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Int J Psychiatry Clin Pract. 2006;10 Suppl 1:3-9. doi: 10.1080/13651500600552297.

Anxiety disorders: under-diagnosed and insufficiently treated.

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  • 1Department of General Psychiatry, Medical University of Vienna, Vienna, Austria.

Abstract

Anxiety disorders have a high prevalence, particularly specific phobia, social anxiety disorder (SAD), post-traumatic stress disorder (PTSD) and generalized anxiety disorder (GAD). The lifetime prevalence for any anxiety disorder is almost 30%. Also, many anxiety disorders have a high rate of comorbid depression, which is generally secondary to the anxiety. Despite high prevalence, anxiety disorders are under-diagnosed, misdiagnosed and inappropriately treated. There is a hierarchy in the lifetime probability of treatment contact, with panic and GAD being diagnosed and treated earlier - possibly as a result of these disorders being the most "visible", unlike SAD, which is characteristically discreet. Under-diagnosis is linked with under-treatment: less than one in five patients with an anxiety disorder receive appropriate medication, which improves to almost one in three for subjects with comorbid depression. For the majority of people with undiagnosed or untreated anxiety disorder, there are many negative consequences, for both the individual and society. These include disability, reduced ability to work leading to loss of productivity, and a high risk of suicide. All of these factors contribute to a reduced quality of life. The economic costs associated with anxiety disorders are large - €48 billion over 28 European countries - and similar to those for dementia. Almost half of the costs are indirect, due to loss of productivity and earnings; the remainder being direct medical and non-medical costs. Current first-line therapies are the antidepressive selective serotonin reuptake inhibitors (SSRIs), with cognitive behavioural therapy a first- or second-line treatment. However, benzodiazepines continue to be prescribed more often than antidepressants. Recent studies have shown that a new type of SSRI, escitalopram (the S-enantiomer of the racemic citalopram), with a unique mode of action, is effective and offers potential as a new treatment for anxiety disorders.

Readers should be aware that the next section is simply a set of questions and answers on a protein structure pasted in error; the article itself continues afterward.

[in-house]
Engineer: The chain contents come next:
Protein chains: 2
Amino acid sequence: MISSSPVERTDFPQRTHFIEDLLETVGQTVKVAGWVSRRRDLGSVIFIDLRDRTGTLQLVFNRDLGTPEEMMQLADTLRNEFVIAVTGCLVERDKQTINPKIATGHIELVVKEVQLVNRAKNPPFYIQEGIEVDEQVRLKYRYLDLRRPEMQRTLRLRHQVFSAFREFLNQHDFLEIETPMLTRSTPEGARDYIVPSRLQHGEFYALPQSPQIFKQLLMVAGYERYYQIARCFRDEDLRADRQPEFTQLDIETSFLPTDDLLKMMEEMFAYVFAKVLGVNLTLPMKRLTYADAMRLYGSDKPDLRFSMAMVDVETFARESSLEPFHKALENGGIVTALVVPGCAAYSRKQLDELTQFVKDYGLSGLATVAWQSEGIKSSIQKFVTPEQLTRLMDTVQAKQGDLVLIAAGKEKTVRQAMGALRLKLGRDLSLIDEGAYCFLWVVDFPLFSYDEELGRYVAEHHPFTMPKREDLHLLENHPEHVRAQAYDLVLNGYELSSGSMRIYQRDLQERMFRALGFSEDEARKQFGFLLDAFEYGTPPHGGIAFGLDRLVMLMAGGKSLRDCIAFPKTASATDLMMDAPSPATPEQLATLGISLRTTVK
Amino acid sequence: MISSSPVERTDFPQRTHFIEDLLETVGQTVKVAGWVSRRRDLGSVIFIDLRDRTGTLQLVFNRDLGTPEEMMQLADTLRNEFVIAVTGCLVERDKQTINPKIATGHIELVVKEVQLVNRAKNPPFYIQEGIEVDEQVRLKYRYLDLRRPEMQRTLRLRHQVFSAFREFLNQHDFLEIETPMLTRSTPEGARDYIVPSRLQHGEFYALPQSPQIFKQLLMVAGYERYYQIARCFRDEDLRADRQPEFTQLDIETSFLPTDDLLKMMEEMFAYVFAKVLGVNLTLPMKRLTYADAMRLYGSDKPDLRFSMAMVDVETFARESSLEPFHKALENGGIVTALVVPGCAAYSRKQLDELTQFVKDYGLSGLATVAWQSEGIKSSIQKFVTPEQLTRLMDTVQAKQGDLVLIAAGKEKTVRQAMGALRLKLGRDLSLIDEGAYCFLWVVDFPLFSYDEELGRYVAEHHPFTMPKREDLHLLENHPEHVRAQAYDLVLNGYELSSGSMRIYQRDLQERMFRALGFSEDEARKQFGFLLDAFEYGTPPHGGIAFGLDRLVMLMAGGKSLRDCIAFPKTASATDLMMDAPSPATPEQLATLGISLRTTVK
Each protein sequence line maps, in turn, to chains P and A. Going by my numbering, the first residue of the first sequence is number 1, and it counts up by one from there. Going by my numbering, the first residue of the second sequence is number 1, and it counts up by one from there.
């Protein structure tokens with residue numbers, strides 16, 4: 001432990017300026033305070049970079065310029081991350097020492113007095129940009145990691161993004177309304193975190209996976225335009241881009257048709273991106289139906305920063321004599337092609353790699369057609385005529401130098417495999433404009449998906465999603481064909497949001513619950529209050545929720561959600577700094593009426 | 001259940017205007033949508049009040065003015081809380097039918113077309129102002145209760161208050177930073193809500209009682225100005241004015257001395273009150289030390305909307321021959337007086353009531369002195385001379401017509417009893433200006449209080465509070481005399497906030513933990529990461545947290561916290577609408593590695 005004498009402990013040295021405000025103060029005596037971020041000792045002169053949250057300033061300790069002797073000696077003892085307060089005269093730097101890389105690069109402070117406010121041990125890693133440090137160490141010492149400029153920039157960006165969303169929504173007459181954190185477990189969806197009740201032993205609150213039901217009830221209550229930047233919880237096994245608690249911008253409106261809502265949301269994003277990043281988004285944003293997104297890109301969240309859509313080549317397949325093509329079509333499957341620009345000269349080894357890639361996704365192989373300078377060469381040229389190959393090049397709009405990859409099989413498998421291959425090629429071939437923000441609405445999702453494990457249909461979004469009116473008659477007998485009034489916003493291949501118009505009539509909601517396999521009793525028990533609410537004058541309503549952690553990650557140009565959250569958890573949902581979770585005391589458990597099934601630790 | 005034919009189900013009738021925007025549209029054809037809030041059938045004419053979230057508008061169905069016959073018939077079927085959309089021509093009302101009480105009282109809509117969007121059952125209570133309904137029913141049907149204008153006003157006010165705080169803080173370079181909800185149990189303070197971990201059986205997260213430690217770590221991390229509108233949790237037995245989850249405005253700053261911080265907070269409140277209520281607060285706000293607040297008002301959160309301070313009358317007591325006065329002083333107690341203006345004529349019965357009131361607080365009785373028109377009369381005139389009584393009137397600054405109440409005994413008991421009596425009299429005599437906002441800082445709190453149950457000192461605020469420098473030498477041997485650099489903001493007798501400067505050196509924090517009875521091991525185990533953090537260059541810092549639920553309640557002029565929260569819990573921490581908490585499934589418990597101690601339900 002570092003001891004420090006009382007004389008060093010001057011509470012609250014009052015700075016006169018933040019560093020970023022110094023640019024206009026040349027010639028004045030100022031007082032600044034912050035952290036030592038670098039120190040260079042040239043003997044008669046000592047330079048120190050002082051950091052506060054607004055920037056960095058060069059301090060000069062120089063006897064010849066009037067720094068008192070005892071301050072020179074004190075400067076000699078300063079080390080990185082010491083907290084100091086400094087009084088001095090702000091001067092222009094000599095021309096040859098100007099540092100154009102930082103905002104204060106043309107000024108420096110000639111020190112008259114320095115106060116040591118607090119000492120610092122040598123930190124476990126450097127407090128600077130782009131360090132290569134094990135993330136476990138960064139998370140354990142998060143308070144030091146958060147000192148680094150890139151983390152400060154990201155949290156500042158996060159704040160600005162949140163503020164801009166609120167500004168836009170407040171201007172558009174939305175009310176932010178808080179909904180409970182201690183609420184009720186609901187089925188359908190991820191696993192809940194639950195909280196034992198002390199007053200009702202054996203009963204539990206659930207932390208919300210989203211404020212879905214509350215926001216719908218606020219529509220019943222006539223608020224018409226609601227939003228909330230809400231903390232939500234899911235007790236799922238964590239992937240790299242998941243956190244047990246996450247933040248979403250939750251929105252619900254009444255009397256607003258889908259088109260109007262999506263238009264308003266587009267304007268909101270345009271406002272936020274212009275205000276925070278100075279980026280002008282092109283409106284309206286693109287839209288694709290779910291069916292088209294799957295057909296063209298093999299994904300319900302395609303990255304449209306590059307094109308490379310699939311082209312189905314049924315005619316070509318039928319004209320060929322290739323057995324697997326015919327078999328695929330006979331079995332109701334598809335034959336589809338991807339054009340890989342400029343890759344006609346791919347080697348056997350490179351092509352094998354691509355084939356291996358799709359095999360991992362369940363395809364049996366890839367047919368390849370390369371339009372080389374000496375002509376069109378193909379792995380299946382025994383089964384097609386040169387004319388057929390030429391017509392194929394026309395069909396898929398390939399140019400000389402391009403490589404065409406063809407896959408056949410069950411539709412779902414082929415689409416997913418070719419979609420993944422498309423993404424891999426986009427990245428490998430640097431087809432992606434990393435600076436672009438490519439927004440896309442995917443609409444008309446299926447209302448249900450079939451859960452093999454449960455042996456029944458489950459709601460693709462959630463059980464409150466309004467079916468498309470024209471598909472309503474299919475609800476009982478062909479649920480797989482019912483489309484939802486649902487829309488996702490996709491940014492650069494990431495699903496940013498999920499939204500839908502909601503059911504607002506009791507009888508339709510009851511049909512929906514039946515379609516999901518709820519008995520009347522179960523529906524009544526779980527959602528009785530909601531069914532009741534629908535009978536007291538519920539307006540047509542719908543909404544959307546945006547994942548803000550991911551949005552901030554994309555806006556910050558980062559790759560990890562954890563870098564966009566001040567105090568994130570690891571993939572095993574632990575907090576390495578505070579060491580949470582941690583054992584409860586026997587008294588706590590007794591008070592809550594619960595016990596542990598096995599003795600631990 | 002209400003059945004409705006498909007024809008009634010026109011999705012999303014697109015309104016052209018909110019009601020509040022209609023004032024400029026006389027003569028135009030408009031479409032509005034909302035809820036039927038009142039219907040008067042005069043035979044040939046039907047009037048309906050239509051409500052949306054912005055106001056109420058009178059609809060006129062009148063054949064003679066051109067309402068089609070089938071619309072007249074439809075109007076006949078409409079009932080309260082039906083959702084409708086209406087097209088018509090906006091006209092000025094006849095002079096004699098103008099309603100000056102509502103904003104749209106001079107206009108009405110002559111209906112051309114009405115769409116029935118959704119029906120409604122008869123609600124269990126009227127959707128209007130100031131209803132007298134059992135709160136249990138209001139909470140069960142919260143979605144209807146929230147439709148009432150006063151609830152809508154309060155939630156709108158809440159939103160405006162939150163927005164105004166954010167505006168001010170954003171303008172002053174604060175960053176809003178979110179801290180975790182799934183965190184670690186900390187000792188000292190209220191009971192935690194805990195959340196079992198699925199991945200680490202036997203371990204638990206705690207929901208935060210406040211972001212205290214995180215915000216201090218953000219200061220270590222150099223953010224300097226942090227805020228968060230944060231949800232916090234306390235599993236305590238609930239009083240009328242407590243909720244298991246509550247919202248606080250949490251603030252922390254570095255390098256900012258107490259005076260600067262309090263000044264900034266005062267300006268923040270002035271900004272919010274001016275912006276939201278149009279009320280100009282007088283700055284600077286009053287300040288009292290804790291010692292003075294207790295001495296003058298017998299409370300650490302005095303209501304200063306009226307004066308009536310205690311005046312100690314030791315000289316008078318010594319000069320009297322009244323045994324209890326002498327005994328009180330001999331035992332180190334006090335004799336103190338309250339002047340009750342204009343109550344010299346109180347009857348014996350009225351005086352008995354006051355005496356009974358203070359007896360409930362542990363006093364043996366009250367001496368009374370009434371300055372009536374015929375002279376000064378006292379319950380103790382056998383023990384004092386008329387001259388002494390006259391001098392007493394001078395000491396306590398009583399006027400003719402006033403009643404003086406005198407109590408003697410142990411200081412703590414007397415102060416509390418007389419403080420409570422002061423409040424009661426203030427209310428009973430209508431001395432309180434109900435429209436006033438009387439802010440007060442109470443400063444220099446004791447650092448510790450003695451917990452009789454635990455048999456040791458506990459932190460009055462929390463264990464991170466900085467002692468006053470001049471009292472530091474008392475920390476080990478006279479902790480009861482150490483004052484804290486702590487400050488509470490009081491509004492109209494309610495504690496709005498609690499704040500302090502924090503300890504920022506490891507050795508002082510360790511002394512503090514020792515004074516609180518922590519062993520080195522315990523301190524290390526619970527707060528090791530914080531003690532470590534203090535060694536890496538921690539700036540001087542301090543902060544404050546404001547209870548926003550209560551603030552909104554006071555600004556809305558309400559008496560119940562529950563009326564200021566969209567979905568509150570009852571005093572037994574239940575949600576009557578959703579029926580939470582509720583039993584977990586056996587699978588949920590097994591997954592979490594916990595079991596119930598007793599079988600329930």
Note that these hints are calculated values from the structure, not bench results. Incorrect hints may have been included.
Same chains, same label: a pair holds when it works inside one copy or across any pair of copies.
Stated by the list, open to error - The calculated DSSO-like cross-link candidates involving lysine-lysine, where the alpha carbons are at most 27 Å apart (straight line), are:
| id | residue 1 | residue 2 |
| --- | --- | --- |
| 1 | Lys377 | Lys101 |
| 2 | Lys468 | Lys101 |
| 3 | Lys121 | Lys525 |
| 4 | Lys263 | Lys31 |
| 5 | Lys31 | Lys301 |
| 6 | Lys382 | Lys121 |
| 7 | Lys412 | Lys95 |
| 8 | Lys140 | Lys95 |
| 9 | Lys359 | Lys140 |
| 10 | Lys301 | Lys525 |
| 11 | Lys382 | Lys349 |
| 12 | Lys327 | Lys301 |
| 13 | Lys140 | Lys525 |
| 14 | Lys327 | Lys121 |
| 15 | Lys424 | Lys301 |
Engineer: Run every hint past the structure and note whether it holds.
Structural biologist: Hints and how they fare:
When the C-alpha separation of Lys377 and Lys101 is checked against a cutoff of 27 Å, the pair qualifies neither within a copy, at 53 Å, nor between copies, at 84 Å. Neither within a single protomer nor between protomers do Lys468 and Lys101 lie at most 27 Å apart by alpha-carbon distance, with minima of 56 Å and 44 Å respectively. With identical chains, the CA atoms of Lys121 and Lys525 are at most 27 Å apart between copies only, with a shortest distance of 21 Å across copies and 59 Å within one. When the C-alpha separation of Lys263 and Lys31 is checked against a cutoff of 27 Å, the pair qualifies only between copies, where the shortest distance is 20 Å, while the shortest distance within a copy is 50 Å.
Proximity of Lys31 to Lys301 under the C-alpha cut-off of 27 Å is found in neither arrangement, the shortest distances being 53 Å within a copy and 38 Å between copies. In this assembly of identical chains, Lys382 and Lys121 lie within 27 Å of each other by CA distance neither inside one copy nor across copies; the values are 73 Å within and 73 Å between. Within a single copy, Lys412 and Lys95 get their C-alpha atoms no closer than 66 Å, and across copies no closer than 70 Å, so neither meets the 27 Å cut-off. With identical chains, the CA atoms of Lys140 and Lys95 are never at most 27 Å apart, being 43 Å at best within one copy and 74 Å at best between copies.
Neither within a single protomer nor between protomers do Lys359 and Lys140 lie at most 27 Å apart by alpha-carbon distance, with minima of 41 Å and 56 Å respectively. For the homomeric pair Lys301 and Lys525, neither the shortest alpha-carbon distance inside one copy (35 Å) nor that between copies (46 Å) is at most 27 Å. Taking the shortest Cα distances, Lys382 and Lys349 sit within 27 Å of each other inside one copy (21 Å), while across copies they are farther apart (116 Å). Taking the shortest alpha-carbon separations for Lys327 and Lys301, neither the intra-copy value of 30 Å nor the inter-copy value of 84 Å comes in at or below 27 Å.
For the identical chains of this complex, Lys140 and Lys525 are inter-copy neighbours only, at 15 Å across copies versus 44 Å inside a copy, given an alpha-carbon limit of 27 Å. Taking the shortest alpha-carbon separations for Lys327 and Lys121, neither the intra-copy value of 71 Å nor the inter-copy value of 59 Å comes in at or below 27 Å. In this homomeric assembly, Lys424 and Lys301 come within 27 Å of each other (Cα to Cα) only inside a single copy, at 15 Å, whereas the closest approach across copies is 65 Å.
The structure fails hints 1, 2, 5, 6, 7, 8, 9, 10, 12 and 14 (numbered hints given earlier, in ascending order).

KEYWORDS:

SSRIs; anxiety disorders/drug therapy; comorbidity; diagnosis; quality of life

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